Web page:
Understanding Frame

Frame is the king of layout. Everybody uses frames to position and resize their UIViews and CALayers. Throughout this post I’m going to focus my attention on CALayer, as this is the underlying workhorse of UIView and view.frame simply returns view.layer.frame. Moreover, I will not discuss the setFrame: setter. While the scope might seem very limited, it actually turns out there is a lot of fun stuff going on inside a plain, old frame getter.

What Frame Depends On

It’s generally understood that frame is just a derived property, and it actually depends on some other properties instead. There are actually four (!) properties that get taken into account when calculating frame: bounds, anchorPoint, transform, and position.

Let’s start with bounds. Bounds are tricky—they mix both the exterior and the interior of the layer. bounds.size defines the dimensions of the layer itself, declaring the area in which the layer exists. Setting masksToBounds to YES visualises this area by clipping all the sublayers that managed to escape the bounds. On the other hand, origin of bounds doesn’t affect the layout of the layer itself; however, it changes how sublayers are positioned within the layer. bounds.origin defines, well, the origin of the layer’s internal coordinate system.

Here’s a quick example of how bounds.origin works. For instance, let’s define bounds.origin as CGPointMake (20.0f, 30.0f)

How do you define the local coordinate system? Just slap the bounds.origin point on the top left corner of layer’s rect:

anchorPoint is a slightly different beast. First of all, its values are normalised to the 0.0 – 1.0 range. Getting values in units of “points” requires multiplying normalized values by the layer’s bounds.size. More importantly however, anchorPoint defines the origin of the coordinate system in which transforms get applied:

Transforming original layers (blue) with same bounds but different anchorPoints, changes the layout a lot (gray).

position is actually the easiest one. It defines the final translation that is added to the layer after all the mangling with bounds.size, anchorPoint, and transform.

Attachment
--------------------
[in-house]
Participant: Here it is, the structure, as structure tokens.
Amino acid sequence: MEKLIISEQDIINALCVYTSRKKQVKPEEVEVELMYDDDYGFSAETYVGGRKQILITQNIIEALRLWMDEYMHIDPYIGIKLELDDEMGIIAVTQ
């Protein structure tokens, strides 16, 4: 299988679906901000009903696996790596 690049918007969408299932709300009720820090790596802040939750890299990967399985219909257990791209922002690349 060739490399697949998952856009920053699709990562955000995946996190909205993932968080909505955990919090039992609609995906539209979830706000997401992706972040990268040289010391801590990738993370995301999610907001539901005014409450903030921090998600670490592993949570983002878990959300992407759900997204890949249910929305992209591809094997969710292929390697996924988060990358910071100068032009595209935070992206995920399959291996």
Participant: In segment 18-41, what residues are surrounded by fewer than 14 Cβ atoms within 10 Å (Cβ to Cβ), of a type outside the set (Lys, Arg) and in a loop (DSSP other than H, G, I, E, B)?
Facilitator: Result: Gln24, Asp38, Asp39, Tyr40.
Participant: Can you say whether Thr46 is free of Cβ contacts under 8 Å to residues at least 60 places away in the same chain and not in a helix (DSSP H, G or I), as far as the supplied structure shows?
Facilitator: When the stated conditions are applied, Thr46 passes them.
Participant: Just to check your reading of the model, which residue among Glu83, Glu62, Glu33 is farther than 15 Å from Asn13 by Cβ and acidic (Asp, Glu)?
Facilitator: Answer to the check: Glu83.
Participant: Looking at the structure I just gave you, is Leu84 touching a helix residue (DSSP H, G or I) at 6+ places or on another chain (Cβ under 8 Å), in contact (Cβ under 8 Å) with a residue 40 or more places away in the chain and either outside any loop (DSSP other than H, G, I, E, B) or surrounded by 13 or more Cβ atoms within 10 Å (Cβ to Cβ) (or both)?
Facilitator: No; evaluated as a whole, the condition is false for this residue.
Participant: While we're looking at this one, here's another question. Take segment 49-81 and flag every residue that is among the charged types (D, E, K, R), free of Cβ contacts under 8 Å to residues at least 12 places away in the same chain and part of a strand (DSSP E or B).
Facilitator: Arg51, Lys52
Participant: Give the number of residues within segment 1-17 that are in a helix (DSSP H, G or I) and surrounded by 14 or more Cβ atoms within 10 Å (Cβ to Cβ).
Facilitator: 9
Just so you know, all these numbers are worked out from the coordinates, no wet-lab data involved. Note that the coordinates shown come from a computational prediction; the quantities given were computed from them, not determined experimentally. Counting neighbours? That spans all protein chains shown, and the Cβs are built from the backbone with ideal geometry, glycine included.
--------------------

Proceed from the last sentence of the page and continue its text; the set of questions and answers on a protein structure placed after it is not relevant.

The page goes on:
A Quick Discourse on Precision

While I was working on this post, I noticed my calculations where sometimes slightly off in comparison to what CoreAnimation returned. Either I was doing something wrong, or I had precision issues. Quite naturally, I opted for checking precision issues first. Fortunately, my gut feeling was right. While CGFloat on a 32-bit architecture is just a typedefed float (a double on 64-bit ones), it seems that CoreAnimation uses doubles internally, regardless of CGFloat‘s actual type.

Testing that wasn’t really hard. I jumped into Hopper, checked what frame getter of CALayer calls, and discovered a mat4_apply_to_rect function. Then, I set a symbolic breakpoint on it, which actually added two breakpoints on both CA::Mat4Impl::mat4_apply_to_rect(double const*, double*) and CA::Mat4Impl::mat4_apply_to_rect(float const*, float*), which would suggest that two execution paths are possible (?). However, while running on the device, it stops on the double version, despite using a 32-bit ARM iPhone.

It’s clear that a visual difference between code using float and double would be noticeable only in some pathological cases. However, since our goal is to reverse-engineer CoreAnimation and receive exactly the same results, we should use doubles as well. Let’s define some very primitive structures that are equivalent to their CoreGraphics counterparts:

typedef struct MCSDoublePoint {
  double x, y;
} MCSDoublePoint;

typedef struct MCSDoubleSize {
  double width, height;
} MCSDoubleSize;

typedef struct MCSDoubleRect {
  MCSDoublePoint origin;
  MCSDoubleSize size;
} MCSDoubleRect;

It’s worth noting that deploying for iOS on a 64-bit would render our carefully crafted structs redundant, since on this architecture, CGPoint, CGSize, and CGRect use doubles anyway.


Before we dissect into getting frame, let’s get done with transforms. Although CALayer makes use of a full-fledged 4×4 matrix disguised as CATransform3D, it doesn’t really matter for the purpose of calculating frame. For this reason, I’m going to focus on CGAffineTransform instead, which can be easily obtained from CATransform3D by using everyone’s favorite CATransform3DGetAffineTransform.